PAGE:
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Wall Street posts slim gain ahead of big earnings week

Investors weighed the impact of contradictory economic data on interest rates and looked ahead to a mammoth week of corporate earnings reports as the major US stock indexes finished Friday with slight gains.

A survey revealed that business activity in the United States increased to its highest level in 11 months in April, further clouding the outlook for the Federal Reserve’s monetary policy after earlier data indicated a weakening economy.

Shares of Procter & Gamble Co. climbed 3.5% as customers continued to purchase despite repeated price increases, enabling the manufacturer of products ranging from Tide detergent and Gillette razors to Head & Shoulders shampoo and Crest toothpaste to increase its sales forecast and third-quarter margins.

The benchmark S&P 500 has been relatively stable during the early phases of the first-quarter earnings season, which investors anticipate will produce lacklustre results. There will be a deluge of reports next week, including those from megacap tech and growth companies whose shares have contributed to the S&P 500’s early-year rally.

“The market has been basically in a bit of a holding pattern ahead of big tech earnings next week,” said Keith Lerner, co-chief investment officer at Truist Advisory Services. “There is a tug of war between good and bad economic data, good and bad earnings data.”

The Dow Jones Industrial Average increased 22.34 points, or 0.07%, to 33,808.96; the S&P 500 rose 3.73 points, or 0.09%, to 4,133.52; and the Nasdaq Composite rose 12.90 points, or 0.11%, to 12,074.46.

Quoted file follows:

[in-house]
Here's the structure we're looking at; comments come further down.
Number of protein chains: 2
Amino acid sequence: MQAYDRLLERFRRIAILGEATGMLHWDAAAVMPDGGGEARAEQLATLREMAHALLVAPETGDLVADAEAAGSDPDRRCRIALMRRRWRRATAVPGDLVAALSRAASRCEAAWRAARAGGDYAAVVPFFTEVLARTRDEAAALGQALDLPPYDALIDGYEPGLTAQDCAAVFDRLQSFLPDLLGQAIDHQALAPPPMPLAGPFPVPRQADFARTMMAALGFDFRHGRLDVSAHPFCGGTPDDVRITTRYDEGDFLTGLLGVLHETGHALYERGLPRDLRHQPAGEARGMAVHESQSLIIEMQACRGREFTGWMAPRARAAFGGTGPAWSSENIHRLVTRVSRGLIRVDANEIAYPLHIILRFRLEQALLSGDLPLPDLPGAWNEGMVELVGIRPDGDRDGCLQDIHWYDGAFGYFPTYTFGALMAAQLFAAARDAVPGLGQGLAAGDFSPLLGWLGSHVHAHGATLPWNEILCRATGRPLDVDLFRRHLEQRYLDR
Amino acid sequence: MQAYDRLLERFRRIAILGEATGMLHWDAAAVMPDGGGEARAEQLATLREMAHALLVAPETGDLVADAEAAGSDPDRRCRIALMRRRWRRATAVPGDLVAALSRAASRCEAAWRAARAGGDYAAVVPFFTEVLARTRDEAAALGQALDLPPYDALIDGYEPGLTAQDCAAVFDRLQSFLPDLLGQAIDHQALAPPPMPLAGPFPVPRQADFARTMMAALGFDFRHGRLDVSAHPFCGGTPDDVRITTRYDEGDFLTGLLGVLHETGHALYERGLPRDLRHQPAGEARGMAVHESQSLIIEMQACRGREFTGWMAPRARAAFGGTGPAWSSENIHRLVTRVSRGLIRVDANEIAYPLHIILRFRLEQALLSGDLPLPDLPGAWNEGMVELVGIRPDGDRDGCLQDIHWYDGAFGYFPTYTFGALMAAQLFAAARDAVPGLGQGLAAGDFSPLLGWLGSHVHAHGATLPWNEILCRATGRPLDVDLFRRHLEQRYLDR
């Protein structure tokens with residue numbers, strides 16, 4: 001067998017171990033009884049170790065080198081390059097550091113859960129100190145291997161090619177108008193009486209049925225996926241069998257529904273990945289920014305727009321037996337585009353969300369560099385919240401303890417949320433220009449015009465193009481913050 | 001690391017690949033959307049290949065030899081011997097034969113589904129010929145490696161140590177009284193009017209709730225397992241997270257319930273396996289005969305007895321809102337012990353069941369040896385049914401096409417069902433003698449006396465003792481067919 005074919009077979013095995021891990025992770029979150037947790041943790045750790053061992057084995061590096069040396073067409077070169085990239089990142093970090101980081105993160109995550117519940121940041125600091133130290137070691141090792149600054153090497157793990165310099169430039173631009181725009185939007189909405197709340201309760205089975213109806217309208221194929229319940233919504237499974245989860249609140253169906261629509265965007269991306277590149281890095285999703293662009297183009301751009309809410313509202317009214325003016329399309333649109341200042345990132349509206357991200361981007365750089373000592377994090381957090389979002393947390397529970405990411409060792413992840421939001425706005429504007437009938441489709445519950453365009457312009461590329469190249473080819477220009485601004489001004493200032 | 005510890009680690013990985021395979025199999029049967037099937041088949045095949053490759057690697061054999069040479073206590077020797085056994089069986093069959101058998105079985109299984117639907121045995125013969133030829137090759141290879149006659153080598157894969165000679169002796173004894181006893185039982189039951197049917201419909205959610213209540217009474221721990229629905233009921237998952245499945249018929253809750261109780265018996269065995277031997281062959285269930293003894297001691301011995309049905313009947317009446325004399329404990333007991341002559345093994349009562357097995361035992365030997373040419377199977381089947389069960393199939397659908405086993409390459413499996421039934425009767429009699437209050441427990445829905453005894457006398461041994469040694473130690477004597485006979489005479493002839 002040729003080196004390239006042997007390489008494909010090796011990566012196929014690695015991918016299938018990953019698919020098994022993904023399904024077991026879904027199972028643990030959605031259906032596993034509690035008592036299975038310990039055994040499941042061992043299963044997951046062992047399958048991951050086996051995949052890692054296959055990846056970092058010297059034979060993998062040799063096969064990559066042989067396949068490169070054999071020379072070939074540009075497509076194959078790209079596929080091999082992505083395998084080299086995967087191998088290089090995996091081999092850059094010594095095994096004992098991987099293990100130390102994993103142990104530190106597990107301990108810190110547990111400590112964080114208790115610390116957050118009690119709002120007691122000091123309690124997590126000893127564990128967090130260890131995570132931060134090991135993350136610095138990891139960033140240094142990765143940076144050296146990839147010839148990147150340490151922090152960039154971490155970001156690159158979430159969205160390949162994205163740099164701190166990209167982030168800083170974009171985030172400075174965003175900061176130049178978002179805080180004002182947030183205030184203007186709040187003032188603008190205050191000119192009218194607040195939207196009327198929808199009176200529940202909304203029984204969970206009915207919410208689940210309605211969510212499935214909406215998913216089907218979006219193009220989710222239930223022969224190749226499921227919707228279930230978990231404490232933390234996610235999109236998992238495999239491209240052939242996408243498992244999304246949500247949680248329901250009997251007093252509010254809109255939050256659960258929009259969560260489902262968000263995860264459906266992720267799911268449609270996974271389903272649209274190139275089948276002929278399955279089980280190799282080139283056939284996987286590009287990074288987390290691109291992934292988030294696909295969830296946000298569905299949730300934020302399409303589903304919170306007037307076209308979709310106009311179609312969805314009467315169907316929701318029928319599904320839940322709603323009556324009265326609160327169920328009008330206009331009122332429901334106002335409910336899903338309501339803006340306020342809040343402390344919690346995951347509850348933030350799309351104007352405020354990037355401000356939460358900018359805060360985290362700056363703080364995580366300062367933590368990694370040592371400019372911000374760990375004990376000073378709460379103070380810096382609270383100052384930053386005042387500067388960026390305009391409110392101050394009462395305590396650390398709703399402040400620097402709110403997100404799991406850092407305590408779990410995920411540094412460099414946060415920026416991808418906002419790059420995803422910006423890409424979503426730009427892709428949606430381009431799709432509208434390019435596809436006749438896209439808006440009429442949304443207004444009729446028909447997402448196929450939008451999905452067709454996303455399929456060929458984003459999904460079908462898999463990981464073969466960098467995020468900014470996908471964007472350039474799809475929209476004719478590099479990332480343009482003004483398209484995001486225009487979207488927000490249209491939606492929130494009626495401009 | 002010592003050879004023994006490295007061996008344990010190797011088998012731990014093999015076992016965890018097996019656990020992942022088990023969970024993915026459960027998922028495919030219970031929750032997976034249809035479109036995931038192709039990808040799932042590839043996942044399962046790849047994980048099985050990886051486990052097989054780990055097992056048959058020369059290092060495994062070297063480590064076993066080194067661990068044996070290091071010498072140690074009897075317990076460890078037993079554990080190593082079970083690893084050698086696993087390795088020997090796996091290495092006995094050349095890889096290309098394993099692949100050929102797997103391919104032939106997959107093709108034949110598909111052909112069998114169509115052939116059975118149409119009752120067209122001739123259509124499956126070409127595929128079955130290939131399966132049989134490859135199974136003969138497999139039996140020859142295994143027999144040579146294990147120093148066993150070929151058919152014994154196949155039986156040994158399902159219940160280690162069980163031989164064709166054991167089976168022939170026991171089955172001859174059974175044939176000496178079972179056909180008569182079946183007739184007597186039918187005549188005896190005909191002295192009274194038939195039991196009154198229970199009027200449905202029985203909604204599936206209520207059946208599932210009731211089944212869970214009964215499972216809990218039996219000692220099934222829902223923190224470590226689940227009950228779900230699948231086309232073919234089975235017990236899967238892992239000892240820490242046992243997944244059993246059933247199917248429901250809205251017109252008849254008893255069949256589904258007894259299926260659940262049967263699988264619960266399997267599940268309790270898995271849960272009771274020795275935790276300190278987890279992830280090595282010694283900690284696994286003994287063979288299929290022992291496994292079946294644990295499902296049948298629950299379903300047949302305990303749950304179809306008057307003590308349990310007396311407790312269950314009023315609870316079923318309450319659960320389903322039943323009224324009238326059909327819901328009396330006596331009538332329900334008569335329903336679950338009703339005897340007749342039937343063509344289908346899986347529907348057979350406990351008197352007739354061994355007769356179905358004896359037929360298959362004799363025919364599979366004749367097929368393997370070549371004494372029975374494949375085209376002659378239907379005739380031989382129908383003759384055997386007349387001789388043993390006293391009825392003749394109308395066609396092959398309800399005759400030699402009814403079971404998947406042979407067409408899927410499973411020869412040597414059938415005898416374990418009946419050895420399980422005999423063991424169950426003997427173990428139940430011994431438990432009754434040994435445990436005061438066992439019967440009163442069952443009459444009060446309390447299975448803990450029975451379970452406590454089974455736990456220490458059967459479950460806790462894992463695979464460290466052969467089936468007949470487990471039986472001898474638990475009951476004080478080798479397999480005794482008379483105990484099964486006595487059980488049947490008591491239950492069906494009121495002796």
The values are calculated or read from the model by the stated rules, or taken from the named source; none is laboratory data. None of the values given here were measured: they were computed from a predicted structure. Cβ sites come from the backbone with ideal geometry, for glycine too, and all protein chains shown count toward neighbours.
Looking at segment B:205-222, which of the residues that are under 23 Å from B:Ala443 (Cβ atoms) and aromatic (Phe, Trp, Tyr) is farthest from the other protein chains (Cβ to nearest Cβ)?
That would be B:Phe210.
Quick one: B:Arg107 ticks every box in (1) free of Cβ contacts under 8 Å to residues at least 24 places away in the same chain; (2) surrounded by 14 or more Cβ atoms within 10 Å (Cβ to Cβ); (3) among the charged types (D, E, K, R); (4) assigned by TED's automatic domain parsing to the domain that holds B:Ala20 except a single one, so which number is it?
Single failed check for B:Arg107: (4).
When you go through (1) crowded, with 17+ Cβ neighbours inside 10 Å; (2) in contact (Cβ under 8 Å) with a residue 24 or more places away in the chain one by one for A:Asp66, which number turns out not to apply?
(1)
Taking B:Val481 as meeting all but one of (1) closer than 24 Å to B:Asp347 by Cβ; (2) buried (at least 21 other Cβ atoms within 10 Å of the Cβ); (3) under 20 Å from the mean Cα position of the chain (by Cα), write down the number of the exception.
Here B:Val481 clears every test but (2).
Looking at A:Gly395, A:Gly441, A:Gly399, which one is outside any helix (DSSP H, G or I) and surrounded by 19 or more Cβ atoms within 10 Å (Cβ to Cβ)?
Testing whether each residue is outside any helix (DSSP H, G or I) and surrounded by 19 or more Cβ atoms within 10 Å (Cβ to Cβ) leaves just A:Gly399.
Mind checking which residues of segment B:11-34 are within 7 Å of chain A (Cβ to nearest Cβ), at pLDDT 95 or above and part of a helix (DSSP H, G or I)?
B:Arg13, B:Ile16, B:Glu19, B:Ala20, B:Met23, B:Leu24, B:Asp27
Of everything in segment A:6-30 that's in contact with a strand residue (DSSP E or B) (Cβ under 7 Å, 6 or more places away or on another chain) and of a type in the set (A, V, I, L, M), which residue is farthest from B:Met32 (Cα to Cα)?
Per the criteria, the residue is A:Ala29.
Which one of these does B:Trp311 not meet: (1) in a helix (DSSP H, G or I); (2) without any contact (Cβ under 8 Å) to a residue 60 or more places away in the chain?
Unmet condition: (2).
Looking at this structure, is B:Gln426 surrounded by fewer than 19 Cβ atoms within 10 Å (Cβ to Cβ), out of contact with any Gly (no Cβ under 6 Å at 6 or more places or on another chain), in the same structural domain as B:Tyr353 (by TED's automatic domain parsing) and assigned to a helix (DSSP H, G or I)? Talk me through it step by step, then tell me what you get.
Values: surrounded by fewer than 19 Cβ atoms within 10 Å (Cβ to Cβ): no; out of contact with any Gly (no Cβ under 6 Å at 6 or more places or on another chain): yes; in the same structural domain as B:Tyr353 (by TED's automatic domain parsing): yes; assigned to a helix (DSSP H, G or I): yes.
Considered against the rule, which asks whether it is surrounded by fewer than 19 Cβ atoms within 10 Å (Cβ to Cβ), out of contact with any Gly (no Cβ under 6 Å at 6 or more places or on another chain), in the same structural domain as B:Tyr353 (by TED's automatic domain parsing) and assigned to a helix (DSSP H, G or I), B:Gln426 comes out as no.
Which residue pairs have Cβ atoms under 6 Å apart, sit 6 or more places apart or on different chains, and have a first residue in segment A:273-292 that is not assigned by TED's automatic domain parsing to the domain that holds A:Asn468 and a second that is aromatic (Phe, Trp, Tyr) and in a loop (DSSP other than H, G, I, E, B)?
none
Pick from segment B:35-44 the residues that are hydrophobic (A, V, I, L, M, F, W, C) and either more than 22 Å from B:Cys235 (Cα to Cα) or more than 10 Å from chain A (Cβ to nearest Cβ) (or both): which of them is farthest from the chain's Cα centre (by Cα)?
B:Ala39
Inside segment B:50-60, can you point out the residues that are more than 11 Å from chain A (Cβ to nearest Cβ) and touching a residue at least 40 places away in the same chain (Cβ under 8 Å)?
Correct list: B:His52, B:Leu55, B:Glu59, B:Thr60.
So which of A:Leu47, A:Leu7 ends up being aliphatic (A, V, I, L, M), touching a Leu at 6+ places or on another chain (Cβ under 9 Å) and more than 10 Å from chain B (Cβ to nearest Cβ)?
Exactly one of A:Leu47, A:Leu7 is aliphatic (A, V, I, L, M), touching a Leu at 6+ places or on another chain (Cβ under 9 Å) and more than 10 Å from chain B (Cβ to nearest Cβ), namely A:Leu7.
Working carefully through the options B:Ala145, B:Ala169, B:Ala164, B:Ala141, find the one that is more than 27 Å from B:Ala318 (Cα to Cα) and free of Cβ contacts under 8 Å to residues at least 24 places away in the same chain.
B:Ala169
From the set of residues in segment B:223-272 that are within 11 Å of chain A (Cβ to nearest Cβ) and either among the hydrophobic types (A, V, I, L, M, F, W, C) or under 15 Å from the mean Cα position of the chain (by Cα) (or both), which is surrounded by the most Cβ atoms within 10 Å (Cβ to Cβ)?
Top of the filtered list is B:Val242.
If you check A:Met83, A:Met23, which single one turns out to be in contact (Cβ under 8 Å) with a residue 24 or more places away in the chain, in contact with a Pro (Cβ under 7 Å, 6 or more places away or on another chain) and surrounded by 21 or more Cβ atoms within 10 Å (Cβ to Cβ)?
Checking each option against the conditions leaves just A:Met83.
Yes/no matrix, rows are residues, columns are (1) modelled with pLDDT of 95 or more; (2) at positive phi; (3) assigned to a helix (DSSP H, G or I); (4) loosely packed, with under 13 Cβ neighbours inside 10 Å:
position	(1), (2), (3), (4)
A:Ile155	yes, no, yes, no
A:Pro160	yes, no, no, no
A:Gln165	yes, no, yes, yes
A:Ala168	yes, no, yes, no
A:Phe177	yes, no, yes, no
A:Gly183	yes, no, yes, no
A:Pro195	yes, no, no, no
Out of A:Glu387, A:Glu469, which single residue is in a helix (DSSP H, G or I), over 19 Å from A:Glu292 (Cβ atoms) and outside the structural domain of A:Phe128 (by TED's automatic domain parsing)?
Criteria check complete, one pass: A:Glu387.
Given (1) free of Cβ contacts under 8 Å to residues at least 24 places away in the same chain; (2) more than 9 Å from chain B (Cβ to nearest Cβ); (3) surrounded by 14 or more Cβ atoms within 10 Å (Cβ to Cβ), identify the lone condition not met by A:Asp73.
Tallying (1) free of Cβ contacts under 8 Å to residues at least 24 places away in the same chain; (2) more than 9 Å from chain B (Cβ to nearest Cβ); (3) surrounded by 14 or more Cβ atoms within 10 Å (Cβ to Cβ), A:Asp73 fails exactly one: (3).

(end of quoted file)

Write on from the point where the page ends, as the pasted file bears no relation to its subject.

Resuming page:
The S&P 500 fell 0.1%, the Dow fell 0.2%, and the Nasdaq fell 0.4% for the week.

Next week, some of the most valuable U.S. companies, including Microsoft, Google’s parent company Alphabet, and Amazon, will release their quarterly earnings. Amazon shares increased by 3% on Friday after a research firm predicted that the online retailer’s North American business would exceed Wall Street’s expectations.

The materials sector declined 0.9%, the most among the S&P 500 industries, as Freeport-McMoRan Inc. and Albemarle Corp. declined. After Chile announced intentions to nationalise the lithium industry, shares of Albemarle fell 10%. After the copper miner’s first-quarter profit more than halved, Freeport stock fell 4.1%.

In other earnings-related news, HCA Healthcare Inc. (HCA.N) shares rose approximately 4% after the hospital operator raised its 2023 projections. Its report increased the value of other hospital operators’ shares.

Refinitiv data indicates that analysts have largely maintained last week’s forecast of a near 5% year-over-year decline in quarterly profits for S&P 500 companies.

“The unpredictability of earnings and revenue and guidance going forward has increased a lot,” said Peter Tuz, president of Chase Investment Counsel. “You have signs that the economy is softening all over the place.”

On the NYSE, declining issues outnumbered advancing ones by a ratio of 1.24 to 1; on the Nasdaq, the ratio was 1.10 to 1.

The S&P 500 recorded 20 new 52-week highs and 4 new lows, while the Nasdaq recorded 53 new highs and 186 new lows.

Approximately 9.9 billion shares were traded on U.S. exchanges, compared to the 20-session daily average of 10.4 billion shares.

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